• Preparation of legal documentation.
  • Legal representation in court proceedings for a posthumous conception legal ruling (e.g. due to difficulties with consent/omissions with HFEA Consent Forms or lack of written consent).

We provide expert tailored legal advice and representation on posthumous conception law and fertility law including:

Package One

Posthumous conception legal review

This provides initial expert legal advice to support people undertaking posthumous conception (assisted conception involving the eggs, sperm or embryos of a deceased person). It:

  • Provides legal advice on posthumous conception law in the UK.

If you require legal assistance or wish to discuss your situation please get in touch

 +44 (0) 20 7965 8399

Bespoke legal services

We provide a range of bespoke legal services that align with your needs and wishes. Our legal expertise spans the medical, fertility and family law sectors, enabling us to provide cutting-edge legal solutions.

Well Known Cases

You can read more about Louisa Ghevaert’s leading expertise in posthumous conception law in the UK:

Y v A Healthcare NHS Trust & The HFEA & Z (by his litigation friend, The Official Solicitor) [2018] EWCOP 18, a first-of-its kind judgment in which Louisa was part of the wife’s legal team and secured a unique legal ruling from the Court of Protection to extract and store sperm from a fatally injured man for use in posthumous fertility treatment and featured in The Independent (13 July 2018) and The Times (14 July 2018).

Other Posthumous Conception Law Cases

In X, Re (Catastrophic Injury: Collection and Storage of Sperm) [2022] EWCOP 48 the Court of Protection refused an application to collect and store sperm for posthumous conception from a 22 year-old man who suddenly collapsed playing sport and who was on life support and expected to be formally declared brain dead.

In Jennings v Human Fertilisation and Embryology Authority [2022] EWHC 1619 (Fam) the English High Court granted a request by widower Ted Jennings to use the last frozen embryo created with his late wife (who tragically died at 18 weeks pregnant with twins) in posthumous fertility treatment with surrogacy.

In SB v The University of Aberdeen and Others [2020] CSIH 62 the Inner House of the Court of Session granted a declaration permitting a widow to use her late husband’s sperm for IVF treatment where he had only provided consent for  its use in IUI treatment and not IVF for the creation and storage of embryos.

In M v HFEA (2015) and M v HFEA (Court of Appeal, 2016), a young woman died leaving behind her frozen eggs without clear written consent to the use of these for posthumous conception. Her parents wished to use her frozen eggs (her mother proposed to carry the pregnancy) and raise the child as their grandchild. The parents made an application to the HFEA to export the frozen eggs to the USA for posthumous conception treatment, which was refused. The High Court then refused the application, but this was subsequently reviewed by The Court of Appeal who ruled that the HFEA’s decision was flawed.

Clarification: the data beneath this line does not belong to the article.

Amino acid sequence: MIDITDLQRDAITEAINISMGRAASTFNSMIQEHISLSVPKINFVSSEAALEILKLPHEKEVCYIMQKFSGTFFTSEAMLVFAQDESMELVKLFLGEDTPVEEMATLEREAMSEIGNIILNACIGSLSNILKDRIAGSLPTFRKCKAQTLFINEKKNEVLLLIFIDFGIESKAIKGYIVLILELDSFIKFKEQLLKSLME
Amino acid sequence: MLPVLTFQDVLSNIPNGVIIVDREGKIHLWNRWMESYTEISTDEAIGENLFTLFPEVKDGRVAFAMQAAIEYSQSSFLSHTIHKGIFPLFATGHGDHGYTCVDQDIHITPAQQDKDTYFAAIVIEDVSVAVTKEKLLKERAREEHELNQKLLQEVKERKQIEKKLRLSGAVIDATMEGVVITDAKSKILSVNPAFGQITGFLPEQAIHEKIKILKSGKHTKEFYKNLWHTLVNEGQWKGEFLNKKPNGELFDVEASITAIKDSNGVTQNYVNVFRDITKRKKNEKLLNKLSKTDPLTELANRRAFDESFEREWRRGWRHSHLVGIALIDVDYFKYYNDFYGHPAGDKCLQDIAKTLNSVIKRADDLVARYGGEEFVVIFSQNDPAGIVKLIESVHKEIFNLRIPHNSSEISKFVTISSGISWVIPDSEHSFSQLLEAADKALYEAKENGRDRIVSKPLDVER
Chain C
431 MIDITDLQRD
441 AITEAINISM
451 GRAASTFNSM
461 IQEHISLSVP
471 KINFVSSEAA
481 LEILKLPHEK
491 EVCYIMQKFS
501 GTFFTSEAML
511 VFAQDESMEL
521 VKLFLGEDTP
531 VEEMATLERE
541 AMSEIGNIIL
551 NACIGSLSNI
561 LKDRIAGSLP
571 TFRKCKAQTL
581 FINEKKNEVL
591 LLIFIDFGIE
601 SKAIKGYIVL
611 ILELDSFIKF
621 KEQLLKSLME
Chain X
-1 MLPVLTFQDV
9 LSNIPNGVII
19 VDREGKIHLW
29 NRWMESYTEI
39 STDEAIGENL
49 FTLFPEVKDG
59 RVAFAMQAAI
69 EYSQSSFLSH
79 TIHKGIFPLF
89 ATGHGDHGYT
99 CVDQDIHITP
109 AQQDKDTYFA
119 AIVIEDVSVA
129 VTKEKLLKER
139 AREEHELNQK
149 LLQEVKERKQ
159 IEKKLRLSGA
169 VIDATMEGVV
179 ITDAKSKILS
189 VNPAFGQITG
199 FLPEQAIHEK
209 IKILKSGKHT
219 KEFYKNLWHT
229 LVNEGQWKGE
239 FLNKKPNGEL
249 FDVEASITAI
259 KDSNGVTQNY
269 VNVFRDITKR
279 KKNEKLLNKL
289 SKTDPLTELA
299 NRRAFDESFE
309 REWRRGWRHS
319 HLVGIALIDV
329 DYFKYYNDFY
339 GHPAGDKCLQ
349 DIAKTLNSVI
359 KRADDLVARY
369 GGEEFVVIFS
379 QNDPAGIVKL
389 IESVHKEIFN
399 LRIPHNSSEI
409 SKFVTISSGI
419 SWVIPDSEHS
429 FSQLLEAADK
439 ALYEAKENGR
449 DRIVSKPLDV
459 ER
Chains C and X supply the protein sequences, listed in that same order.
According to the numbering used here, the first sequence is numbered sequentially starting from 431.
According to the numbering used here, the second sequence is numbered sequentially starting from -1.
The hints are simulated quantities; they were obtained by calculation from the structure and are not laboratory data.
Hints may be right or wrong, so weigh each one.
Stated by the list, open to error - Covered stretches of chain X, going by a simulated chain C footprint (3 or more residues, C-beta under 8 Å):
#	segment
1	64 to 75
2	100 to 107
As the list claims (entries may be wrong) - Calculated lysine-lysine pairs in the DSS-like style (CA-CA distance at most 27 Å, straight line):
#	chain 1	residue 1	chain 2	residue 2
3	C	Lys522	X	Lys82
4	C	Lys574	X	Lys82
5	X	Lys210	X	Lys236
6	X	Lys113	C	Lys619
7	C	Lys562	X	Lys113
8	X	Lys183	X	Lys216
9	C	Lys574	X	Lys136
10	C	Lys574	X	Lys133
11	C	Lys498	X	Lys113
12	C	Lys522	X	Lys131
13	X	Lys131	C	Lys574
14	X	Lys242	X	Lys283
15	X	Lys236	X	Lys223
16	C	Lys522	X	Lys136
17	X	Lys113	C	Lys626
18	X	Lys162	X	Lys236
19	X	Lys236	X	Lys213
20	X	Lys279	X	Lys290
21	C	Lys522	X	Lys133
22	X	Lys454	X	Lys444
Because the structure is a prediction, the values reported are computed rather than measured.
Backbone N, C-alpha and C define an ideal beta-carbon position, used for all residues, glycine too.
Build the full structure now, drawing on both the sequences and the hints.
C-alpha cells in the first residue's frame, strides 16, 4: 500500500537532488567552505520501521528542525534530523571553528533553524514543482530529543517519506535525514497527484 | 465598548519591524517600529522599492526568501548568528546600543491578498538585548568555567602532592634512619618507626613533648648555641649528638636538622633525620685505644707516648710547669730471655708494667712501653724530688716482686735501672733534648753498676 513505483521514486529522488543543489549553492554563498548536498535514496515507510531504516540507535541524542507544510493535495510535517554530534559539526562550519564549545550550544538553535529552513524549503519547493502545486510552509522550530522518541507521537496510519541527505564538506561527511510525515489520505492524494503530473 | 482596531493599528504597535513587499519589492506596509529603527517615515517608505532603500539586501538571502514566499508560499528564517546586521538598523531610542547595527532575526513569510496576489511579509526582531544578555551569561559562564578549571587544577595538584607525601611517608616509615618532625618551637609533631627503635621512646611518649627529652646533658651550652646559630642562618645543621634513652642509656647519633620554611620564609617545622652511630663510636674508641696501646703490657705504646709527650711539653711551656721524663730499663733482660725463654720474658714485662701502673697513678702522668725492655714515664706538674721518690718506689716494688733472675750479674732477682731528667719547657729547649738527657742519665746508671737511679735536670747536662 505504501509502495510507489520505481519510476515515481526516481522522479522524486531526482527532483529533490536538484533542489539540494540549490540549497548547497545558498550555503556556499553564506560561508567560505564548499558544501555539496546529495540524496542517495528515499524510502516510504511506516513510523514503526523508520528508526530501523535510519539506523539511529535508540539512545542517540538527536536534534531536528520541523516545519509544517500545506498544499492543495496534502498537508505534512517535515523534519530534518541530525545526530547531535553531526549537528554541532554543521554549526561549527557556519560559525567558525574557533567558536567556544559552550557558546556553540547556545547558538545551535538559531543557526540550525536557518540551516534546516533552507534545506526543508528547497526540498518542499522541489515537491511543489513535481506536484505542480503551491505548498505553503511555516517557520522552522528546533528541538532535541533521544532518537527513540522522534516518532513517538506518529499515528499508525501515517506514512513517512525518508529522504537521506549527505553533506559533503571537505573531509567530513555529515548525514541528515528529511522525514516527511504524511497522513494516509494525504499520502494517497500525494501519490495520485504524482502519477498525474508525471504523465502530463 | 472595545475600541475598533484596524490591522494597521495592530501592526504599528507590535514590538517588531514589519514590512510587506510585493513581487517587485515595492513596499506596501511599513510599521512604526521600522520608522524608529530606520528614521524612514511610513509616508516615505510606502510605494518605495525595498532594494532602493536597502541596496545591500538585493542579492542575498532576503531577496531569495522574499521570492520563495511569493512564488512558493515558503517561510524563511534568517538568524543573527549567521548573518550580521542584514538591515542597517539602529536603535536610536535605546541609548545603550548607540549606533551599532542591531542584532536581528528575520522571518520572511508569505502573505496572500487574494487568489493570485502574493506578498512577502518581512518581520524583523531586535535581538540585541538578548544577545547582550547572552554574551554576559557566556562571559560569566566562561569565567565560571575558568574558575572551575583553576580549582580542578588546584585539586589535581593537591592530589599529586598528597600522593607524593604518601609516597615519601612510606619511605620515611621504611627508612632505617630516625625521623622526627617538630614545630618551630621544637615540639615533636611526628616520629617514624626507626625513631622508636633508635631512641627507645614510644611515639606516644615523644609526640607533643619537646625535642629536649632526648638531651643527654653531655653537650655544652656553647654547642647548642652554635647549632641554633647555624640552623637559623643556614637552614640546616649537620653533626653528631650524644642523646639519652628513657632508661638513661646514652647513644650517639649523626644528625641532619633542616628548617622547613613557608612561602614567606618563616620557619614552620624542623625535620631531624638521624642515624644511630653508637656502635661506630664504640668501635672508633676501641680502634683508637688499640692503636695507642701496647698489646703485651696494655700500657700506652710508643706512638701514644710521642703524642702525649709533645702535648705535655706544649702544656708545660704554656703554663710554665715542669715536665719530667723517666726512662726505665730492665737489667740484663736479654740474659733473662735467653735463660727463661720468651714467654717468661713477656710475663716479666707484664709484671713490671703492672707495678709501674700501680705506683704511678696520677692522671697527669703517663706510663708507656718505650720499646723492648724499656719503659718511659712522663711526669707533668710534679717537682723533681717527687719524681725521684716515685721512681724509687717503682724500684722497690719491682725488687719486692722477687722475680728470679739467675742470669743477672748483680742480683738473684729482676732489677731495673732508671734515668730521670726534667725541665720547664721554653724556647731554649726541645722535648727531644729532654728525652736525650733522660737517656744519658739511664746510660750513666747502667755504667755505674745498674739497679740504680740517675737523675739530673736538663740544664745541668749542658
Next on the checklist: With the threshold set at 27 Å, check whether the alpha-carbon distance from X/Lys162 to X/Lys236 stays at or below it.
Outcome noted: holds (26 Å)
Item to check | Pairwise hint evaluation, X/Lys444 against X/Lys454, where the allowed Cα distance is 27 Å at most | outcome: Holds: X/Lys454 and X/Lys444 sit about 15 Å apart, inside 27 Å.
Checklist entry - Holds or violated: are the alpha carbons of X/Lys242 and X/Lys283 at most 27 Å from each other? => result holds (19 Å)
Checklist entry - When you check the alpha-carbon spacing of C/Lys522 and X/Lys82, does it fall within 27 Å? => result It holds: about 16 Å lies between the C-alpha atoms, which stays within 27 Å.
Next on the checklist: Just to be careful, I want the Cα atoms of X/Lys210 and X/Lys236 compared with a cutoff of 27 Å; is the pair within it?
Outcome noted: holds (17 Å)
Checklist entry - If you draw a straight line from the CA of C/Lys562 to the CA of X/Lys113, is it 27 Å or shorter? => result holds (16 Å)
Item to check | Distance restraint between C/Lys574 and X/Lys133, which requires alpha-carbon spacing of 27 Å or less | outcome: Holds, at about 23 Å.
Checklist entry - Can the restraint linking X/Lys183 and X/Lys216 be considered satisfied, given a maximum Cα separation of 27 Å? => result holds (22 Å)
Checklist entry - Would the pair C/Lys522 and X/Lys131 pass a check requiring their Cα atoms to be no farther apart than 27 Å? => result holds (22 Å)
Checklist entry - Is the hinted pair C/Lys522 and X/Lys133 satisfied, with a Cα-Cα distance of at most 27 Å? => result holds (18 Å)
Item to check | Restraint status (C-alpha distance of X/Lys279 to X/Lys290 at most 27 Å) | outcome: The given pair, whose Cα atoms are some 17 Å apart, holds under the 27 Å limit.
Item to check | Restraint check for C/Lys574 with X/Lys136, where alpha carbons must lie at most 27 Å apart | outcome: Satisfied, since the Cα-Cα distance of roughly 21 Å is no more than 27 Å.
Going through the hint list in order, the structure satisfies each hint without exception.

Elizabeth Warren v Care Fertility (Northampton) Limited & Other [2014] EWHC 602 (Fam), Mrs Warren’s husband passed away from a brain tumour leaving insufficient lawful storage term of his sperm for her to decide whether to use this in posthumous fertility treatment to conceive a child. The High Court granted extended storage ruling that she had a right under Article 8 of the European Convention on Human Rights (the right to respect for private and family life) to decide to become a parent through posthumous fertility treatment with her husband’s sperm.

In the News

Posthumous Conception Law: Should I Consider This? (Louisa Ghevaert Associates’ blog, 4 January 2024).

BBC Woman’s Hour: Posthumous Conception interview with Louisa Ghevaert, Anita Rani and Lauren McGregor (24 August 2023, Louisa Ghevaert Associates blog).

Podcast “The Intricacies of Fertility Preservation” interview with Louisa Ghevaert and Eloise Edington of Fertility Help Hub (17 December 2020), also on podcast apps Apple, Spotify and Soundcloud.

Apple podcast on Speak From The Body with Avni Touch entitled “Fertility law for modern families with Louisa Ghevaert” (26 February 2020).

BBC Radio 5 Live Interview: harvesting dead men’s sperm for posthumous conception featuring Louisa Ghevaert (25 January 2020).

“Why we need root and branch law reform” (BioNews 25 November 2019) and longer associated article “Why we need fertility law reform: the paradigm shift” (25 November 2019).

Emily Hartridge: Life you literally can’t plan for it (Louisa Ghevaert Associates’ blog 17 July 2019).

“Rachael Bland’s fight to preserve her fertility is a battle fought by many modern women” (Female First, 7 September 2018).

“The significance of fertility: A landmark ruling on posthumous conception” (BioNews, 3 September 2018).

Posthumous conception: a ray of hope for the future (Louisa Ghevaert Associates’ blog, 16 August 2018).

You can read more in our News section.